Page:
This time last year: Valentine Scones - raspberry and white chocolate
This time two years ago: CERES Café – a relaxing oasis
This time three years ago: WCC # 25 Velvet Soup from Nigellaland

Cheese hearts
Adapted from Nigella Lawson's How to Eat
makes approx 16

50g (1/3 cup) plain wholemeal flour
3/4 tsp baking powder
1/4 tsp smoked paprika
1/4 tsp garlic powder
shake of chilli powder
100g mild cheddar cheese
1 tbsp butter
1/2 tsp beetroot powder

Mix all ingredients together until they form a ball of pastry. I mixed mine in the food processor until it was crumbly and then pressed it together.

Roll out on lightly floured surface until about half a centimetre thick. Mine were a little crumbly but held together well once baked and cooled so don't worry if it seems a little crumbly when rolling out.

Bake at 200 C for 8-10 minutes. Cool on a wire rack. They will continue baking as they cool.

On the Stereo:
Way to Blue: Nick Drake

Saturday 12 February 2011

Samosa Pie

I have been seeking lighter dinners lately. It is inevitable in Australia in January and February. December brings a wealth of Christmas indulgence and then the new year hits and, whether we make resolutions or not, the body realises it is actually summer and rich foods are not suitable for hot days.

Even in a cooler Aussie summer, such as we have been having, amid the floods and cyclones there are bushfires. Despite all our recent rain, we have had plenty of days when the washing dries quickly on the line, there is little call for jumpers and cardigans, and it is warm enough to eat outside in the evening.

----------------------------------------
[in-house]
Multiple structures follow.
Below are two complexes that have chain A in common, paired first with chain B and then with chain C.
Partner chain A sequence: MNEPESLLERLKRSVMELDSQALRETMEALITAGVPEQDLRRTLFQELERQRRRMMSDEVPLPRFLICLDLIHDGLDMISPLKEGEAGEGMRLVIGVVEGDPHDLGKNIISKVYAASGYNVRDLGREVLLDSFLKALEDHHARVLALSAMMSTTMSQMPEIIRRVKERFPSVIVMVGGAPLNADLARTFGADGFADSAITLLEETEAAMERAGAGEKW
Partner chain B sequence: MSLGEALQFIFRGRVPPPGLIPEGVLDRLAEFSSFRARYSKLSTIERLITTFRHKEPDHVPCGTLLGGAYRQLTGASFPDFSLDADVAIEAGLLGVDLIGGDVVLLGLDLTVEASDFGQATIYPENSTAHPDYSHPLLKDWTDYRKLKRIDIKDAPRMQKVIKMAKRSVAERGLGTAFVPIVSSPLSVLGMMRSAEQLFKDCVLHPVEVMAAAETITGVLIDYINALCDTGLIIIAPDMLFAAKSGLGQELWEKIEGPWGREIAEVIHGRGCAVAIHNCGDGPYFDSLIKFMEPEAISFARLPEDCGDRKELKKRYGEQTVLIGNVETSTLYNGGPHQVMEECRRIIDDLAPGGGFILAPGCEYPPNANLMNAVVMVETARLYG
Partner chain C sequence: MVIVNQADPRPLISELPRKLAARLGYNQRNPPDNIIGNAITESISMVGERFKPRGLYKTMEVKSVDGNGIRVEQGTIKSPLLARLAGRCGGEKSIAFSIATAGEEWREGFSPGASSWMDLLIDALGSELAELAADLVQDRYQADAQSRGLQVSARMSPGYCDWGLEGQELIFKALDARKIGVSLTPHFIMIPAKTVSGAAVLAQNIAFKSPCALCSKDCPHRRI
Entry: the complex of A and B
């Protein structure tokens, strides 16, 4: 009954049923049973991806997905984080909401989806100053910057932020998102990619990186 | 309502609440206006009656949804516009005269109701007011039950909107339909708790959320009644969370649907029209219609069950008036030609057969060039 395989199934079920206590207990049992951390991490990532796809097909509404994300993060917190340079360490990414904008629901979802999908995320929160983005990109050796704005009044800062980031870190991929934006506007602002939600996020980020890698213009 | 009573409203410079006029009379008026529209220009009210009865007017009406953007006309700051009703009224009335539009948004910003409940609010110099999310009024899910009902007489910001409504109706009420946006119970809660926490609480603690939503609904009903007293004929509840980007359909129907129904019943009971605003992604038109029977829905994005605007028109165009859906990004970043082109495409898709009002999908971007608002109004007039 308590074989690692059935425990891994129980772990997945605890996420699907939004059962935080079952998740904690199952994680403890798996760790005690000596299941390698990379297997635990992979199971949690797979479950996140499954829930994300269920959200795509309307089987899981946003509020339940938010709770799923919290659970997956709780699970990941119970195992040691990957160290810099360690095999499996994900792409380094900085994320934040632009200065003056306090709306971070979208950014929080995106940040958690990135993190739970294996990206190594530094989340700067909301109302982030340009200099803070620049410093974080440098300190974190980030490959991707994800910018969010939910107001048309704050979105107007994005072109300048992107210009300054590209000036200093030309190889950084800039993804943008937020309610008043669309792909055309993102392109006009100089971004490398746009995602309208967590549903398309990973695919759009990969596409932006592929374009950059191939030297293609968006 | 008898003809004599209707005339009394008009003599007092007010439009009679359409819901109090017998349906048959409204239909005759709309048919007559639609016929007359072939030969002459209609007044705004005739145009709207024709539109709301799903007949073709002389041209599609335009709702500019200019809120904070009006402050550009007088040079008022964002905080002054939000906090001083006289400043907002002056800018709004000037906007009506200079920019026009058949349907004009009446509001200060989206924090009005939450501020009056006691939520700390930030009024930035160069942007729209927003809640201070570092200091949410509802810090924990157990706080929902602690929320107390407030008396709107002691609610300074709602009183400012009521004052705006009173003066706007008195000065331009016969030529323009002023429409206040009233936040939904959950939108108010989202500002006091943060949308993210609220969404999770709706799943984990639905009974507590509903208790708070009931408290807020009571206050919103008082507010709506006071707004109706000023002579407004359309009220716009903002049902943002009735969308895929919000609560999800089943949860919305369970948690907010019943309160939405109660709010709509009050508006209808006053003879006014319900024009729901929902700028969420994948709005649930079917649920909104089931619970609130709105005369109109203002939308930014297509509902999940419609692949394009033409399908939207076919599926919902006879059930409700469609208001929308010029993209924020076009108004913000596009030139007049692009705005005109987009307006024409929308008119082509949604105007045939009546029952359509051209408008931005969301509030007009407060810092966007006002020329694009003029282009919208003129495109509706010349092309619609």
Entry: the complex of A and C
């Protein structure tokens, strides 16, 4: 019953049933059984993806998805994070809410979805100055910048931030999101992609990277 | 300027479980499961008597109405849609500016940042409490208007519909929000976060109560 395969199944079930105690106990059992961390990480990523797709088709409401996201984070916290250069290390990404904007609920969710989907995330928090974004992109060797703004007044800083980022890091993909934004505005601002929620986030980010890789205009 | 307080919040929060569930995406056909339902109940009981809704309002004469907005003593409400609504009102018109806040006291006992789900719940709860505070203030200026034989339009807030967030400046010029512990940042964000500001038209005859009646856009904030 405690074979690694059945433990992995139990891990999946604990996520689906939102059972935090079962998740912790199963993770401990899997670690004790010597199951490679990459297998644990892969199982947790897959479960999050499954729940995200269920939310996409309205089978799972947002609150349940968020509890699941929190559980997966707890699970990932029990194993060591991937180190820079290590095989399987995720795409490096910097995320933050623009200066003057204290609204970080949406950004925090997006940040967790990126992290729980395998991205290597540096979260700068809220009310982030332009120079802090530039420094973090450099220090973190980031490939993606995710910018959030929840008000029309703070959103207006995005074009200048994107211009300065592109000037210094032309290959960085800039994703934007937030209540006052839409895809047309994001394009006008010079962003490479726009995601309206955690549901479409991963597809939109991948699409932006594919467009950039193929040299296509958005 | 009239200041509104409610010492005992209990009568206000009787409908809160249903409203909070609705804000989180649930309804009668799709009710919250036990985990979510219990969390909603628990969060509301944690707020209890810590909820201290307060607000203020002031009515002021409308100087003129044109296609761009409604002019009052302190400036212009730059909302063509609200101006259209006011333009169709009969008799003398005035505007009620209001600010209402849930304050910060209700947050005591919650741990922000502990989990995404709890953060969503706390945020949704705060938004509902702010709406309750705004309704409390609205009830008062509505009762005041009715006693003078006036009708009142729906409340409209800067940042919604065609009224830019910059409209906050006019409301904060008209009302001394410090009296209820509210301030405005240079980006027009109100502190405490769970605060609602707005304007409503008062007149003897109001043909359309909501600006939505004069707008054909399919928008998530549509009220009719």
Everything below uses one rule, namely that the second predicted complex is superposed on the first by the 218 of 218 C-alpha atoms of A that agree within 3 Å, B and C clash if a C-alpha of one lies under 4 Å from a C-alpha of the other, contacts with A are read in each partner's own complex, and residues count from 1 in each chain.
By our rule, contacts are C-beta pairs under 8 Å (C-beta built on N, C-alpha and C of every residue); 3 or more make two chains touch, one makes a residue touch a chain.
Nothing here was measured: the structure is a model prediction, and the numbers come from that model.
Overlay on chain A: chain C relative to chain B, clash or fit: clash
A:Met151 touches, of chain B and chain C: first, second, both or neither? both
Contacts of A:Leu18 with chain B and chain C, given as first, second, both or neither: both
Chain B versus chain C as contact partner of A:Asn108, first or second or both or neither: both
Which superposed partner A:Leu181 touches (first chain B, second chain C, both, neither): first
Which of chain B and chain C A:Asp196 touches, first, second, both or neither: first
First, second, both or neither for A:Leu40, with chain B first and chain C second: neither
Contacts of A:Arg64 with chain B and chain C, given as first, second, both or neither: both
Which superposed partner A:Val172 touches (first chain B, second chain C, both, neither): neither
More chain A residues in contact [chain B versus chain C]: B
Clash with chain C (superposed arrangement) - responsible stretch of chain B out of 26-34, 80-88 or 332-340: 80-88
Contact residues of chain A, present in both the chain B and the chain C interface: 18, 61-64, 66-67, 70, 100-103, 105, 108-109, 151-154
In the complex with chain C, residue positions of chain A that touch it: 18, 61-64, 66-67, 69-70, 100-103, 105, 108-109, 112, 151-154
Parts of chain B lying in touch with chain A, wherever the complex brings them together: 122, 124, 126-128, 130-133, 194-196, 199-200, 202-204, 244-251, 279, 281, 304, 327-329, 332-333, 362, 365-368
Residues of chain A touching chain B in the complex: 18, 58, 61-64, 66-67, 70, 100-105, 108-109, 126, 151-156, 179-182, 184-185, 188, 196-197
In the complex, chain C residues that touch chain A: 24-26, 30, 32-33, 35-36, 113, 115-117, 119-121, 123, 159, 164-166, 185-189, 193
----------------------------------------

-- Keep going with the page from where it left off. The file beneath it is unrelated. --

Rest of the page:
On the day that I made this samosa pie, it was cool enough to bake the pie in the oven but warm enough that Sylvia didn't want to come inside. So E took her highchair outside while I prepared dinner inside. She insisted her baby doll sit in the highchair and she climb onto an outdoor chair. Most of her plate of food was ignored. She was more interested in coaxing Zinc to drink from one of her toy frypans. Sometimes (often!) there are more interesting things than a full belly.

This was an easy pie to make. No rubbing butter in, no chilling pastry and no blind baking. It is like a pot pie, with just a layer of pastry covering the filling. My main problem with the pastry was that my dear little green rolling pin snapped while I was rolling out. It was just the right size and I will miss it.

In keeping with the weather, this is a lighter dish. We both loved it. It has enough stodge and spice for E - potato, pastry, curry - and enough protein and vegies for me. E gave it 10 out of 10. He wanted more but I wanted it to last us two nights. Even so I found him just neatening up the leftover piece of pie. I found it quite spicy and served it with yoghurt. But it was very good and I have promised E that I will make it again soon.

Previously on Green Gourmet Giraffe: